Dec 18, 2013 Joe Genco Uncategorized
The weather has settled in to be a bit more seasonable. Dave Eichorn says November was 2 degrees cooler than the normal November average, which translates into approximately 140 inches of snow for the winter. Our normal average is close to 120 inches. Weather forecasting is always a matter of averages. You can say it’s going to be the same tomorrow as it is today and you have a 60 percent probability that this will happen. Even with all the computers and the guys on television, the results are not strikingly higher than the aforementioned method.
I mentioned last week that the keepers of the lake level realized that groundwater was oozing out of every pore and the lake was refilling without a lot of rain. They have run the creek bank full over 14 days and the results are notable, using my hoist dock as a reference point. If they keep up the good work, maybe the lake will be down to 860 feet by New Year’s Day.
The group of six pairs of buffleheads has settled into Bentley Cove. The fishing must be good, as they’re very active up and down. They’ve been here about two weeks and will probably hang out until March if the weather remains as it has the last three winters. If we have a big freeze, they will move on to a larger and deeper lake where freeze-overs are less likely.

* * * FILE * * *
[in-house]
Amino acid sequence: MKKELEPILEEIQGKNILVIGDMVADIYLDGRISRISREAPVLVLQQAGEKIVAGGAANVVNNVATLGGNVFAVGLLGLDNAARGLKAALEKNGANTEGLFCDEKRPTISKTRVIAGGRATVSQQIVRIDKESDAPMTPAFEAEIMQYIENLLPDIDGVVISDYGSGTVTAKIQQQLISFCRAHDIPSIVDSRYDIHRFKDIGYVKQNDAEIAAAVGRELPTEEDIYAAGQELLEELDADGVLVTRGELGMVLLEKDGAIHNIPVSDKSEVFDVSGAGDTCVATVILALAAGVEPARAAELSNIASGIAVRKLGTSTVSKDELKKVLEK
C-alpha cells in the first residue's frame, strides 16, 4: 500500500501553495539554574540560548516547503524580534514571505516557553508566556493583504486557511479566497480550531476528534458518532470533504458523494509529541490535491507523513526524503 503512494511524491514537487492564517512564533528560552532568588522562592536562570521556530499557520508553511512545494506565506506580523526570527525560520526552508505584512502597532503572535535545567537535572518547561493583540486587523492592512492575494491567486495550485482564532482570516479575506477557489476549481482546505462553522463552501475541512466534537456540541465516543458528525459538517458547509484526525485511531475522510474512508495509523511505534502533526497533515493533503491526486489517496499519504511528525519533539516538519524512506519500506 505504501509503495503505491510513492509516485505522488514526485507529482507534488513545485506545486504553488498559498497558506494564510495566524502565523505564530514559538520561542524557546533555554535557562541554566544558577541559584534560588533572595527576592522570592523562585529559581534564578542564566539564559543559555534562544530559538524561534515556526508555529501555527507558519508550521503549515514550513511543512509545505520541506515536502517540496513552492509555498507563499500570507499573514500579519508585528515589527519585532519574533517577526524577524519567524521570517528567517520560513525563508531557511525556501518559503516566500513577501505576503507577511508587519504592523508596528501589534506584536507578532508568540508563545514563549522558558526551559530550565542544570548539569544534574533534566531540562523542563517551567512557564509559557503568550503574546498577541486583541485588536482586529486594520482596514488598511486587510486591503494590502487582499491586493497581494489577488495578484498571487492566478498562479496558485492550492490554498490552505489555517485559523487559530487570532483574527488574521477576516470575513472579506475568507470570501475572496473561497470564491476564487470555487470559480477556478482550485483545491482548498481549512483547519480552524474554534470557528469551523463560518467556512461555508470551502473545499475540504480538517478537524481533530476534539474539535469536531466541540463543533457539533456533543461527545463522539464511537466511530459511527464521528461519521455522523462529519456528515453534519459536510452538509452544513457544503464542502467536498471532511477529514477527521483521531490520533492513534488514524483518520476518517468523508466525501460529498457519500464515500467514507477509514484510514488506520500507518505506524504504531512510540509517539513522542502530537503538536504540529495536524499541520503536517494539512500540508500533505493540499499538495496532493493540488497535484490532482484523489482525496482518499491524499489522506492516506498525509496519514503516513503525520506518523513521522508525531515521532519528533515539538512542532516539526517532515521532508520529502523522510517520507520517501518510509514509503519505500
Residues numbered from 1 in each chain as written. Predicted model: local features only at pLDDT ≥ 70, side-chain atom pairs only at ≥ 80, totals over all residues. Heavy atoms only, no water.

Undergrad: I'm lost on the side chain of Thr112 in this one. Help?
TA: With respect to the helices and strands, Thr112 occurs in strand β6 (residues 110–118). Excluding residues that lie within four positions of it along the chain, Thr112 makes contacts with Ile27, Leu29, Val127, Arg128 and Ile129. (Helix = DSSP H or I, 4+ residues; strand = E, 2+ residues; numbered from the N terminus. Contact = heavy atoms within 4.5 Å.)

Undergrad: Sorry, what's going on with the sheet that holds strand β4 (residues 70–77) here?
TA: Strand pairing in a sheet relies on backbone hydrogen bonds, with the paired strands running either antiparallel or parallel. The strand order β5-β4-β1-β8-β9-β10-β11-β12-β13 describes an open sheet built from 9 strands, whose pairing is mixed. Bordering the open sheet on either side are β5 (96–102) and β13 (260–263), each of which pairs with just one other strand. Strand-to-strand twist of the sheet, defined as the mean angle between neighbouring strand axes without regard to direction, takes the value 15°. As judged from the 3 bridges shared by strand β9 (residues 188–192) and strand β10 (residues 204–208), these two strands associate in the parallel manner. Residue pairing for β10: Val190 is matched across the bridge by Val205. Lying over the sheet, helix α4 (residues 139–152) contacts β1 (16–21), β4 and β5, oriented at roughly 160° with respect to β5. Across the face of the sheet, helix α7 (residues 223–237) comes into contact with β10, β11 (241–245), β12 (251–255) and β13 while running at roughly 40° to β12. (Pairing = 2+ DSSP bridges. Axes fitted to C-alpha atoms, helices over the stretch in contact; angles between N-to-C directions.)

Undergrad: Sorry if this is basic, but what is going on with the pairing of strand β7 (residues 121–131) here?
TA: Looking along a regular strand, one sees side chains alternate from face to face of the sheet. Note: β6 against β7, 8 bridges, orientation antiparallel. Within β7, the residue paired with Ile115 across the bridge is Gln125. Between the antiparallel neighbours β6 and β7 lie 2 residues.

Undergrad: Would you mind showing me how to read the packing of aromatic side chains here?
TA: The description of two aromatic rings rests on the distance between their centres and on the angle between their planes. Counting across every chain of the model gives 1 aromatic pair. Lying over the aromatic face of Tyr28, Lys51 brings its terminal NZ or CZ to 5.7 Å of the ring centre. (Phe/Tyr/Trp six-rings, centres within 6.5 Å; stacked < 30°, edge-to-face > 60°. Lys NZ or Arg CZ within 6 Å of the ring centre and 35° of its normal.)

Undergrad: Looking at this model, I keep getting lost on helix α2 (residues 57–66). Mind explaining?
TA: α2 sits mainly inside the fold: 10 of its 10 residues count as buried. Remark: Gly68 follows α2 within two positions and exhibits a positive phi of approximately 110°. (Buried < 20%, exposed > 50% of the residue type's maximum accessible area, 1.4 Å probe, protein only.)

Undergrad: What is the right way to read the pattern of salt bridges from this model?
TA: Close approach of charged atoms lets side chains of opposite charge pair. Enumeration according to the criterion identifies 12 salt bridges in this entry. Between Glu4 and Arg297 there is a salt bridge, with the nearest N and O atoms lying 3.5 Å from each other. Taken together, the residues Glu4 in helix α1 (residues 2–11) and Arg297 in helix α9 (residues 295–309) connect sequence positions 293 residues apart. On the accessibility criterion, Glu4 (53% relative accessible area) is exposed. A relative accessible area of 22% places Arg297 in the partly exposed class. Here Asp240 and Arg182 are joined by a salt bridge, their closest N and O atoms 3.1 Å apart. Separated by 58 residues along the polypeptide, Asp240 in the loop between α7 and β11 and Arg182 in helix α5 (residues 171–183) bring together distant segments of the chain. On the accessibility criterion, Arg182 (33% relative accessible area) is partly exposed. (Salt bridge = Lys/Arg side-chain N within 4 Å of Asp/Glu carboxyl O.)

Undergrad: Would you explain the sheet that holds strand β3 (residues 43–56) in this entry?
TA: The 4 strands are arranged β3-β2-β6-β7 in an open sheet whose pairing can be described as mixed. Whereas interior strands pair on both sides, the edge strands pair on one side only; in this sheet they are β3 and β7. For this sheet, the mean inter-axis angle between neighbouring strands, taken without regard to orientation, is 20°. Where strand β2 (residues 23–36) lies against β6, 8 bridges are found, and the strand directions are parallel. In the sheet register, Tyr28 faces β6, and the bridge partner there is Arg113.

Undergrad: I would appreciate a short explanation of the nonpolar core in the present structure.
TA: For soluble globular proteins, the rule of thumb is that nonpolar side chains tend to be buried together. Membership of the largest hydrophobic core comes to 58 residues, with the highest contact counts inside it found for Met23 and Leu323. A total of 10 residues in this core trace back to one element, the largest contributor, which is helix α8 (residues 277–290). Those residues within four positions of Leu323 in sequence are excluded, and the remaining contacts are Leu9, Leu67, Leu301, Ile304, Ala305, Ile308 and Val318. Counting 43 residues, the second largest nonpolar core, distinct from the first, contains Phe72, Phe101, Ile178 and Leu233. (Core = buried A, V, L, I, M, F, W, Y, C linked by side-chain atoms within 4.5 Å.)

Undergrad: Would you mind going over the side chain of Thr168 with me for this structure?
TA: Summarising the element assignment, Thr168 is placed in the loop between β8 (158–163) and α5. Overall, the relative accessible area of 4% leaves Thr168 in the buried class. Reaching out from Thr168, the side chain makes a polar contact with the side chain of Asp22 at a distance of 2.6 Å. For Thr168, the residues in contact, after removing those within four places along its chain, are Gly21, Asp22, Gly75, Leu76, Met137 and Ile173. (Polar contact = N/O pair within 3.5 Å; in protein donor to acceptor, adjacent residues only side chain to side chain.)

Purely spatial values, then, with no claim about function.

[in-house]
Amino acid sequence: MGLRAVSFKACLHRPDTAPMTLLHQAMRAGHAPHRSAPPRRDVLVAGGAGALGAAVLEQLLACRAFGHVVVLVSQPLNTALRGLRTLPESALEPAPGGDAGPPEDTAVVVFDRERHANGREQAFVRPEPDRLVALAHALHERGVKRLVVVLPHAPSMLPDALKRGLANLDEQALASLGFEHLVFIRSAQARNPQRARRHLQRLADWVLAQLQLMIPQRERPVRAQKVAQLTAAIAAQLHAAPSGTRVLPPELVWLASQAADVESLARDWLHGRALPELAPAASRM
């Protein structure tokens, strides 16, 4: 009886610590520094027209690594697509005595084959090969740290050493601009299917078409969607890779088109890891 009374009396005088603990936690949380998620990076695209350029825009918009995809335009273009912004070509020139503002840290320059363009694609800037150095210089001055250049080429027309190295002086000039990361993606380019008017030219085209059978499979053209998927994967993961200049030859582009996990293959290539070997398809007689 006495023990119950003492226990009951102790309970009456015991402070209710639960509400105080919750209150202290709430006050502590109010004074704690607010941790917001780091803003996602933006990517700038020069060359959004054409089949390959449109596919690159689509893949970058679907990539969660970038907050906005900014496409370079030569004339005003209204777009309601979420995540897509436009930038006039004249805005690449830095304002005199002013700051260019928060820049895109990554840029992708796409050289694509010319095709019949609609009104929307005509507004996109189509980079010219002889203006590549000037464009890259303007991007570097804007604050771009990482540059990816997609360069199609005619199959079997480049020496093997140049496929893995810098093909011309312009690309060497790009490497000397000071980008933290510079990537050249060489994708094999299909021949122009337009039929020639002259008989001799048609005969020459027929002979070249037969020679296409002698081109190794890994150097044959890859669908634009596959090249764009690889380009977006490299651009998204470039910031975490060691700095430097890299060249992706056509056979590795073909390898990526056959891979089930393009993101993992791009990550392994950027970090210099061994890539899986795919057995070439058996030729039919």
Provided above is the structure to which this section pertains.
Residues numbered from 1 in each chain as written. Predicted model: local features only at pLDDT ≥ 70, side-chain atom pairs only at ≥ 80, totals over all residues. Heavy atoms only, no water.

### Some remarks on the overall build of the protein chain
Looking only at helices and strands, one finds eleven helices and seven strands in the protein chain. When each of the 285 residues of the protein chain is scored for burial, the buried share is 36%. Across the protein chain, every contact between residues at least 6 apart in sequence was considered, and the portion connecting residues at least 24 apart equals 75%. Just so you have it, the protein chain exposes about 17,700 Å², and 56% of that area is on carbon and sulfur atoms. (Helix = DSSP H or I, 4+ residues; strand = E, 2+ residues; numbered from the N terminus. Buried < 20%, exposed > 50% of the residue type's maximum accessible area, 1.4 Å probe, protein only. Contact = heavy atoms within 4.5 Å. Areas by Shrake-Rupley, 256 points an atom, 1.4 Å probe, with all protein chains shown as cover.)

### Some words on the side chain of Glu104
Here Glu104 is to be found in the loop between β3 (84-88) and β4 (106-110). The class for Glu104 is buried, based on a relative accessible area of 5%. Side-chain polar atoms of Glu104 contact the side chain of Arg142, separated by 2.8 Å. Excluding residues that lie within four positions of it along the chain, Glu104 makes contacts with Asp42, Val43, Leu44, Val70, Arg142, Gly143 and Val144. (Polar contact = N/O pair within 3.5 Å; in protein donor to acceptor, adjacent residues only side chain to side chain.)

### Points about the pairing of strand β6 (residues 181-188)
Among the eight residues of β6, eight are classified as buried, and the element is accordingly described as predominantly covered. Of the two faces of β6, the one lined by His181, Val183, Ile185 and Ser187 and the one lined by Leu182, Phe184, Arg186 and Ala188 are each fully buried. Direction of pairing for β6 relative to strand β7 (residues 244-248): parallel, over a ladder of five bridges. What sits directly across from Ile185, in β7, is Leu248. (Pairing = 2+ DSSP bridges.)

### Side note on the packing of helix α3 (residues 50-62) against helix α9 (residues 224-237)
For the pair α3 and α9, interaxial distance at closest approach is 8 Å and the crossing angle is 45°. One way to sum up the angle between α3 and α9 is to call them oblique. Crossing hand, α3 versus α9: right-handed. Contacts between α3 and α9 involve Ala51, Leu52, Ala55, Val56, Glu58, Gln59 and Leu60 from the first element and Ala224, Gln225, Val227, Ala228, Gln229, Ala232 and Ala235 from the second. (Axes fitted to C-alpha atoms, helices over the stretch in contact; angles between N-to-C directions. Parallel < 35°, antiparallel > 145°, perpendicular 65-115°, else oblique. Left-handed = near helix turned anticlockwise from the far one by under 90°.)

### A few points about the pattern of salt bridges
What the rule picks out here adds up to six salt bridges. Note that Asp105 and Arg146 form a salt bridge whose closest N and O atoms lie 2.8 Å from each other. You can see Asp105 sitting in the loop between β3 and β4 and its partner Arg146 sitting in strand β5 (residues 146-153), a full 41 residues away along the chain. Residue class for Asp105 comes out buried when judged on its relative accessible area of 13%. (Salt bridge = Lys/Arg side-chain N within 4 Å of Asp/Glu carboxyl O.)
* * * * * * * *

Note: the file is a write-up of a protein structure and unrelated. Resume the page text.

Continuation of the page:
Mr. Lemon is enjoying the cold weather by hanging out on his living room cushion which is close to the pilot light on the gas-fired fireplace. This small little fire keeps that corner of the glass warm and he feels the radiation. On Dec. 2, we erected my plastic building for the Gem Car winter storage and installed the heated walkway mats. As soon as we turned on the switch, Mr. Lemon stretched out low to the ground, getting his underside warmed up. The mats work well and dry out the walk as well as melting snow and ice. A little juice from National Grid costs a lot less than treating a broken bone or two from a “slipperoo” on the steep walk. It also saves snow removal in a tight spot with not much room to toss the snow.
I’m amazed from time to time about some of the articles I find in my six-day-a-week newspaper. There was a very interesting article about the return of a plane from the Air Museum at Duxford, England. This P-40B Warhawk will be donated to the Collings Foundation which has a B-24 bomber as well as some smaller planes, totaling 12. The part I found most interesting was that the plane was built by Curtis Aircraft Company in Buffalo. The production total of 14,000 P-40s at the Buffalo plant was from 1939 to ‘44.
I have been to Duxford, which is near Cambridge. It was startling that about every fighter and bomber displayed there was manufactured in the range of 20,000 to 30,000 planes. It is really the ability to mobilize our production and continuing to have unlimited hardware to throw into the battles that brought the Axis to their knees. TheP-40s saved England in the early days. They were not as good as the German planes, but there were always enough to do battle with the German bombers as they came over England every clear night.
Joseph Spalding is a long-time Skaneateles resident who enjoys sharing his observations about the Skaneateles lakeshore and community. He can be reached at 685-6937.
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